Red States Getting Redder

Last week, I noted the extent to which opposition to same-sex marriage and opposition to abortion are still linked tightly together. With its new anti-abortion law—and long-standing ban on gay marriage—Alabama is the latest state to prove the point:

Alabama lawmakers late Tuesday gave final passage to a measure placing stricter regulations on clinics that provide abortions. […]

The bill requires abortion clinics to use doctors who have approval to admit patients to hospitals in the same city. Some clinics now use doctors from other cities that don’t have local hospital privileges. A similar law in Mississippi is threatening to close that state’s only abortion clinic, which is challenging the law in court.

The bill also sets stricter building requirements, including wider halls and doors and better fire suppression systems. The state Department of Public Health, which regulates Alabama’s five abortion clinics, reports that most will not meet the stricter standards.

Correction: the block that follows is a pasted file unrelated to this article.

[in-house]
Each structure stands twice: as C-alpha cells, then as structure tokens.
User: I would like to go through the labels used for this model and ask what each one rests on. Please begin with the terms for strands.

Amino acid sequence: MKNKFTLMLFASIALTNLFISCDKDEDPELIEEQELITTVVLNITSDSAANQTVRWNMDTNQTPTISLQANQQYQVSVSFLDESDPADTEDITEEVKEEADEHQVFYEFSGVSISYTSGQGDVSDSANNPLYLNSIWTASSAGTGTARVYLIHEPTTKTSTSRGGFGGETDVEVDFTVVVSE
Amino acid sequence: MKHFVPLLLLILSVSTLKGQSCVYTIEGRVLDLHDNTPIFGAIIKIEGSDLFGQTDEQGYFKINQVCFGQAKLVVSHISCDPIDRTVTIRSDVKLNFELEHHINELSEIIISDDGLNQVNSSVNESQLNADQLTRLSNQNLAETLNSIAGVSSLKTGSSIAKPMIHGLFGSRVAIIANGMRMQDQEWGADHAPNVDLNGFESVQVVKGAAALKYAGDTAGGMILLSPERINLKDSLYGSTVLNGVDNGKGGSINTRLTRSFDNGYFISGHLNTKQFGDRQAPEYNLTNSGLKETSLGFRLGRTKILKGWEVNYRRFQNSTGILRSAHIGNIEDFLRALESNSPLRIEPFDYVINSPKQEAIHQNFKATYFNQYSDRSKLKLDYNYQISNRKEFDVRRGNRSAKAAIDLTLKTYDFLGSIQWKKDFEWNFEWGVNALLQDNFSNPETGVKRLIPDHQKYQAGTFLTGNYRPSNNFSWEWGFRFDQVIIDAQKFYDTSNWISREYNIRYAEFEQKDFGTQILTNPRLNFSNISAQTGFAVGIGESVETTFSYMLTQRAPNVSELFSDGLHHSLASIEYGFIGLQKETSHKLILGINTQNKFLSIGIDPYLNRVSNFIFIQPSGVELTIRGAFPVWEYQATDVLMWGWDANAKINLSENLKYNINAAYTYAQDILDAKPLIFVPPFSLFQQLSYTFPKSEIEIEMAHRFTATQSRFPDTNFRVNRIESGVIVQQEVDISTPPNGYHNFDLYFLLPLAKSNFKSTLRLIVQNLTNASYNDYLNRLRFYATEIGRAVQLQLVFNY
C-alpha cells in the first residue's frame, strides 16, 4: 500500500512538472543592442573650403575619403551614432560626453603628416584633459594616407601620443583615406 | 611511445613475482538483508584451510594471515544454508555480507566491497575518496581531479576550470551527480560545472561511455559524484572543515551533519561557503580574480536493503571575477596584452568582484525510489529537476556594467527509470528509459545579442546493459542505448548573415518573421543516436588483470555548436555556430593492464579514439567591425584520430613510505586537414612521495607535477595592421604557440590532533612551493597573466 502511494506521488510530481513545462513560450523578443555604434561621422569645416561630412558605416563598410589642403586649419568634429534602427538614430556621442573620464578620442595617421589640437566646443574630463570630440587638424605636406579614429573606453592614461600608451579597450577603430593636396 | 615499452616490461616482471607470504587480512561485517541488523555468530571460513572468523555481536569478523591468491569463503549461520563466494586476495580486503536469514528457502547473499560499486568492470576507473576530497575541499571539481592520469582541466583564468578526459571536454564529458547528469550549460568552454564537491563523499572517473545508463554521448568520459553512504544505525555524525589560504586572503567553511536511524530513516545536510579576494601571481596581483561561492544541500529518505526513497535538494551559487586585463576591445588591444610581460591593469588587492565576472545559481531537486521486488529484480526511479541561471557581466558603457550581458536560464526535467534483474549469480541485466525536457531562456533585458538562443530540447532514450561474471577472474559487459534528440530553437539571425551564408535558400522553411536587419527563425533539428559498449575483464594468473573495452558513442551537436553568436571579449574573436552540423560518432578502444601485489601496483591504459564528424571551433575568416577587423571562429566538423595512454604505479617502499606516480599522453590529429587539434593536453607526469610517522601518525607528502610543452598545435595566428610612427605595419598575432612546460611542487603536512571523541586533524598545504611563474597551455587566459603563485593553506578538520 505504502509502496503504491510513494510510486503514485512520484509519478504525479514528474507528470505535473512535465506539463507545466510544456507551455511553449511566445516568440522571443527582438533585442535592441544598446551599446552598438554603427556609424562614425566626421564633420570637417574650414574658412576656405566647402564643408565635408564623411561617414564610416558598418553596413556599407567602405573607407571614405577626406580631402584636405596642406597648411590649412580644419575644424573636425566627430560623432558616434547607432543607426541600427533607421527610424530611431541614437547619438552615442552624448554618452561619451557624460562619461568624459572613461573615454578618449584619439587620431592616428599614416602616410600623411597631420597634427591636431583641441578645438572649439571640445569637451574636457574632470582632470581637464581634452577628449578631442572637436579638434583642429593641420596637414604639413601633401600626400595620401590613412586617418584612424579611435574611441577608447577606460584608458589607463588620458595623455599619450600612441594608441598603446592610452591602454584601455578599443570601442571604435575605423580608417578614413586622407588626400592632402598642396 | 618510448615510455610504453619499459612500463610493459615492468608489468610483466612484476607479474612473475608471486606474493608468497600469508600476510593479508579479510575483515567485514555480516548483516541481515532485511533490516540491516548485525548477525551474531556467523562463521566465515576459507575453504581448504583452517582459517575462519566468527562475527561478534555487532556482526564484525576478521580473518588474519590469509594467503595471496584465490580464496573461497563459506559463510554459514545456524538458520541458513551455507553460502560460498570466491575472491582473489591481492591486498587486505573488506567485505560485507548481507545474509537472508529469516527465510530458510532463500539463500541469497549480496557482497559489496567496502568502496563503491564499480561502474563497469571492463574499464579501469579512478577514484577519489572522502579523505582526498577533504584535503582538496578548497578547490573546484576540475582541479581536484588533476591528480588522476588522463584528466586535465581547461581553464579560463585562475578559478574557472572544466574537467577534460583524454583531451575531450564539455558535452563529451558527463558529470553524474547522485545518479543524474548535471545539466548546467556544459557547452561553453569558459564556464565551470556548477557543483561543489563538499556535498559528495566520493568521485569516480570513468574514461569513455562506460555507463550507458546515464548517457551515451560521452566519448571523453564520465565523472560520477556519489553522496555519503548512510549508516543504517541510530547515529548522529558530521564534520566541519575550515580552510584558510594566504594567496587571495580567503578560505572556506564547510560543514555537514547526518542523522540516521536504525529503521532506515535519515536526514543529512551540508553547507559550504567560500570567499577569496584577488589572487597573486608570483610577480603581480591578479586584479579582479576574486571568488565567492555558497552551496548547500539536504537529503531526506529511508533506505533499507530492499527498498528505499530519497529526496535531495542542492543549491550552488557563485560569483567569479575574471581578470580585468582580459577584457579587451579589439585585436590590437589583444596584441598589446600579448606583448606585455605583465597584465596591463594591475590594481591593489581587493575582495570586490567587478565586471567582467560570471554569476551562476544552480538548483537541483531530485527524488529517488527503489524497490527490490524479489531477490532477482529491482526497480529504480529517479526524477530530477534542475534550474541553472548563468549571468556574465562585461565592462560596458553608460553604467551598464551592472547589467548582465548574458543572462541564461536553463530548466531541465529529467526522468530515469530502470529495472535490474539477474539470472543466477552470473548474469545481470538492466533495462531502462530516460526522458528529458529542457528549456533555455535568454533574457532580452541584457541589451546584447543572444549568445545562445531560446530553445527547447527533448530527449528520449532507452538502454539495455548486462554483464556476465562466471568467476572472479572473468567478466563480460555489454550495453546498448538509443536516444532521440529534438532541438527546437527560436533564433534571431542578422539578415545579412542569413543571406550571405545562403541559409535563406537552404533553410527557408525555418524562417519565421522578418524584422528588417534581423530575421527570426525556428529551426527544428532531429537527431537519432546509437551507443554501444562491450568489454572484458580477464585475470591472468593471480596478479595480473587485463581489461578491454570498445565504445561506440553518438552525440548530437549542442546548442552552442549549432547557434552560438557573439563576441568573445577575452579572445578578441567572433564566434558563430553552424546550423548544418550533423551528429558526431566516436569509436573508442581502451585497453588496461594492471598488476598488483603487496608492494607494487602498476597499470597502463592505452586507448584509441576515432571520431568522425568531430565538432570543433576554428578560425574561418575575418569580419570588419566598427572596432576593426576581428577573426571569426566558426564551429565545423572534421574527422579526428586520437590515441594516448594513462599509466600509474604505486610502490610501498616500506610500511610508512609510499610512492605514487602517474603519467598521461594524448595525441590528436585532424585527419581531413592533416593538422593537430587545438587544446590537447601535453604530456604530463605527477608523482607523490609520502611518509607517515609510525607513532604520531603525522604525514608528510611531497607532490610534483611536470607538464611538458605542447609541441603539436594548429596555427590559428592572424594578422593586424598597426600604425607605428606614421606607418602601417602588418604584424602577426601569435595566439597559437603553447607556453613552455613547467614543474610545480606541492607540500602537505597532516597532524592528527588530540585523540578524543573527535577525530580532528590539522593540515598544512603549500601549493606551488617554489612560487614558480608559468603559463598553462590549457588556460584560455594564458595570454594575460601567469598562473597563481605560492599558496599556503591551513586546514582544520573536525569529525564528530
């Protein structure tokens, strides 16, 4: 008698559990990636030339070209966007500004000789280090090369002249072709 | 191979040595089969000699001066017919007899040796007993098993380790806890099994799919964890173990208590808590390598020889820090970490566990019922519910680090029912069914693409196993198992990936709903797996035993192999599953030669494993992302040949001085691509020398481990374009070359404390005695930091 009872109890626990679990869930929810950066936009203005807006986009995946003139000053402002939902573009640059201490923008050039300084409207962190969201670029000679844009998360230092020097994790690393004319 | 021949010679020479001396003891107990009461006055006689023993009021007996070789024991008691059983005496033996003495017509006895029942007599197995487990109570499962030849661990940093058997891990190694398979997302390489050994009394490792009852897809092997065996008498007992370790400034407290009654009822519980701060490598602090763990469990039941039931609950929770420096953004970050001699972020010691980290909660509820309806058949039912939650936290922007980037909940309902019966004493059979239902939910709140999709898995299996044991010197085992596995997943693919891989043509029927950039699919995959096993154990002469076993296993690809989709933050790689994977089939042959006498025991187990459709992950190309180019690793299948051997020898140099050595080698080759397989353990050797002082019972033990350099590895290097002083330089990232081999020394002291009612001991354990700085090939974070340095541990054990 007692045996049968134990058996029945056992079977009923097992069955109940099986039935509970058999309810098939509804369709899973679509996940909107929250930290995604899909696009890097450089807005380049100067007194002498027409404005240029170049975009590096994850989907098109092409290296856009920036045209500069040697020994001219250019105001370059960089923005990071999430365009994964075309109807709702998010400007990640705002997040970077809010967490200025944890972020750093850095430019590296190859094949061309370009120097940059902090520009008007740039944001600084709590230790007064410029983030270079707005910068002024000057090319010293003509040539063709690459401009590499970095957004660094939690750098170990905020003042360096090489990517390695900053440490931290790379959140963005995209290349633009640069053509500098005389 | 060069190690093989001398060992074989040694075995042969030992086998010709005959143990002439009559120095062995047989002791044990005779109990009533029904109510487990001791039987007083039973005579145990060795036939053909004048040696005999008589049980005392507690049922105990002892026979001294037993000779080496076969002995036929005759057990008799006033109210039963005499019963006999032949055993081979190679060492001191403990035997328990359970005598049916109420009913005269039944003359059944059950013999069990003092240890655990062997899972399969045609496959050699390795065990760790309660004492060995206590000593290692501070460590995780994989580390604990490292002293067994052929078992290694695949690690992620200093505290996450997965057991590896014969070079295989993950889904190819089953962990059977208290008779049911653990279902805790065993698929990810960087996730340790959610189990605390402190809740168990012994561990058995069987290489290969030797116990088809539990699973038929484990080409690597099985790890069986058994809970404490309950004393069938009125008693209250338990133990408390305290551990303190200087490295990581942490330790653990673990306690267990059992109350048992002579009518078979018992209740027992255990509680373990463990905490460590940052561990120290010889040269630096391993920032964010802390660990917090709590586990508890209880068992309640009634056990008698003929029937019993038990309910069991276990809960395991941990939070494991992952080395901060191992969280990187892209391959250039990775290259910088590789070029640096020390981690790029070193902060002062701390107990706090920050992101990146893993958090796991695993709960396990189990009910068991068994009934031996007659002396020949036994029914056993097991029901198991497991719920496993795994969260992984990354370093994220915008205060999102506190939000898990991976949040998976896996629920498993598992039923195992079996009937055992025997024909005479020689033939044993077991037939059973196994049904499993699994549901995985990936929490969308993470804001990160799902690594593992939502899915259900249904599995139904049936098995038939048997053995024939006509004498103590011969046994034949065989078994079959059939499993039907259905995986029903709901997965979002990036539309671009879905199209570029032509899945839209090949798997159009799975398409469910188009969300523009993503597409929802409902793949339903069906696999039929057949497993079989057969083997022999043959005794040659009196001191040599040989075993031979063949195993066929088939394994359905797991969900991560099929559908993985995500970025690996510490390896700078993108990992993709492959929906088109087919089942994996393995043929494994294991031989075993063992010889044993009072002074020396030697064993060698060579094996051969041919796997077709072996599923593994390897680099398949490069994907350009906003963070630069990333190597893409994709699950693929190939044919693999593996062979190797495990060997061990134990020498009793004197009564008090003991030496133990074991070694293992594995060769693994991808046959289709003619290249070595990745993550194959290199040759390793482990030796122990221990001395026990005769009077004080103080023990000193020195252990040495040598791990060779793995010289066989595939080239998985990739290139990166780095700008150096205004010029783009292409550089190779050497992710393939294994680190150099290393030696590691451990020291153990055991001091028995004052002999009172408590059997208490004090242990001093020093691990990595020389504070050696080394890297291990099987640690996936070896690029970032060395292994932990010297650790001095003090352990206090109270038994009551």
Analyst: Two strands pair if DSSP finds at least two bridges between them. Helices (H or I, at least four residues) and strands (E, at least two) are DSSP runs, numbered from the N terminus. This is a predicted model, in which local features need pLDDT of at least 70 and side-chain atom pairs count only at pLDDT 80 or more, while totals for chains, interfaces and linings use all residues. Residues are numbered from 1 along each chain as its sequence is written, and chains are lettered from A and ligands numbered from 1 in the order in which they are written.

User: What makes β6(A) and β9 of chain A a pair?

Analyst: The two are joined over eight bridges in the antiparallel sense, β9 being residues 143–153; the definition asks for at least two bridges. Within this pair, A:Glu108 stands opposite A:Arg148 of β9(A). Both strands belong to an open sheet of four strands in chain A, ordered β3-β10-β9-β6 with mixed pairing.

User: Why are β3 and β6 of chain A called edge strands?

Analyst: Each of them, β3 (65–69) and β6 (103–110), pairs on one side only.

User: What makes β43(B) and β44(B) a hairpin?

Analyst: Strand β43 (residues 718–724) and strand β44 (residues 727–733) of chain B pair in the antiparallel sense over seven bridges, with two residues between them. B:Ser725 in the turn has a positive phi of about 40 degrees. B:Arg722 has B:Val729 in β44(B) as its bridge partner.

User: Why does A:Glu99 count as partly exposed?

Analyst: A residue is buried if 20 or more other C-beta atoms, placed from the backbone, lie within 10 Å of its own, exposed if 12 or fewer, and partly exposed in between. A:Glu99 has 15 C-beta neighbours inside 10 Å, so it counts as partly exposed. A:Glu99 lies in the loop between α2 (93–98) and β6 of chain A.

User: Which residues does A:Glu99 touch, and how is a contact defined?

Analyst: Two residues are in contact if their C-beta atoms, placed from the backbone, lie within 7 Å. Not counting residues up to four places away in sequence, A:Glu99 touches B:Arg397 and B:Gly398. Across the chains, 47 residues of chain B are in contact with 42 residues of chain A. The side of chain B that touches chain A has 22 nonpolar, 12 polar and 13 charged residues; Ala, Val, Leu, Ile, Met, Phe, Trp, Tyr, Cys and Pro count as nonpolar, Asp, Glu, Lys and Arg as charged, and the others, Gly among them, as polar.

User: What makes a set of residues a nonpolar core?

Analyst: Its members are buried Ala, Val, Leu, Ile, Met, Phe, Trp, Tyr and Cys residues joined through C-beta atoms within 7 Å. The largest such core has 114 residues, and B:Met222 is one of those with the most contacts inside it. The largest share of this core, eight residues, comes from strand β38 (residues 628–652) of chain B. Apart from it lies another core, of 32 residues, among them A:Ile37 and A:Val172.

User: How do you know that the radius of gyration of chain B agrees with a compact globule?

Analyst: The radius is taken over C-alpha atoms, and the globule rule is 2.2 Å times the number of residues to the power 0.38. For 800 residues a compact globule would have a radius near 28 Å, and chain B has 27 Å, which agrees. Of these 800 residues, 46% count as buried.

These laws are meant to bind abortion clinics in a trap of unnecessary regulations—mandating everything from closet size to larger doors—and force them to close. As the Associated Press notes, this has already been the case in Mississippi, and will almost certainly be true in other states that have passed similar laws.

The wider public is supportive of liberals on a whole host of issues, from gun control and abortion to same-sex marriage. But this has little to do with the political geography of the country. There are wide areas of the United States where voters oppose marriage equality and seek to restrict reproductive rights. And as the last few years have demonstrated, they’re becoming more conservative at the same time that blue states—like California and New York—are becoming more liberal.

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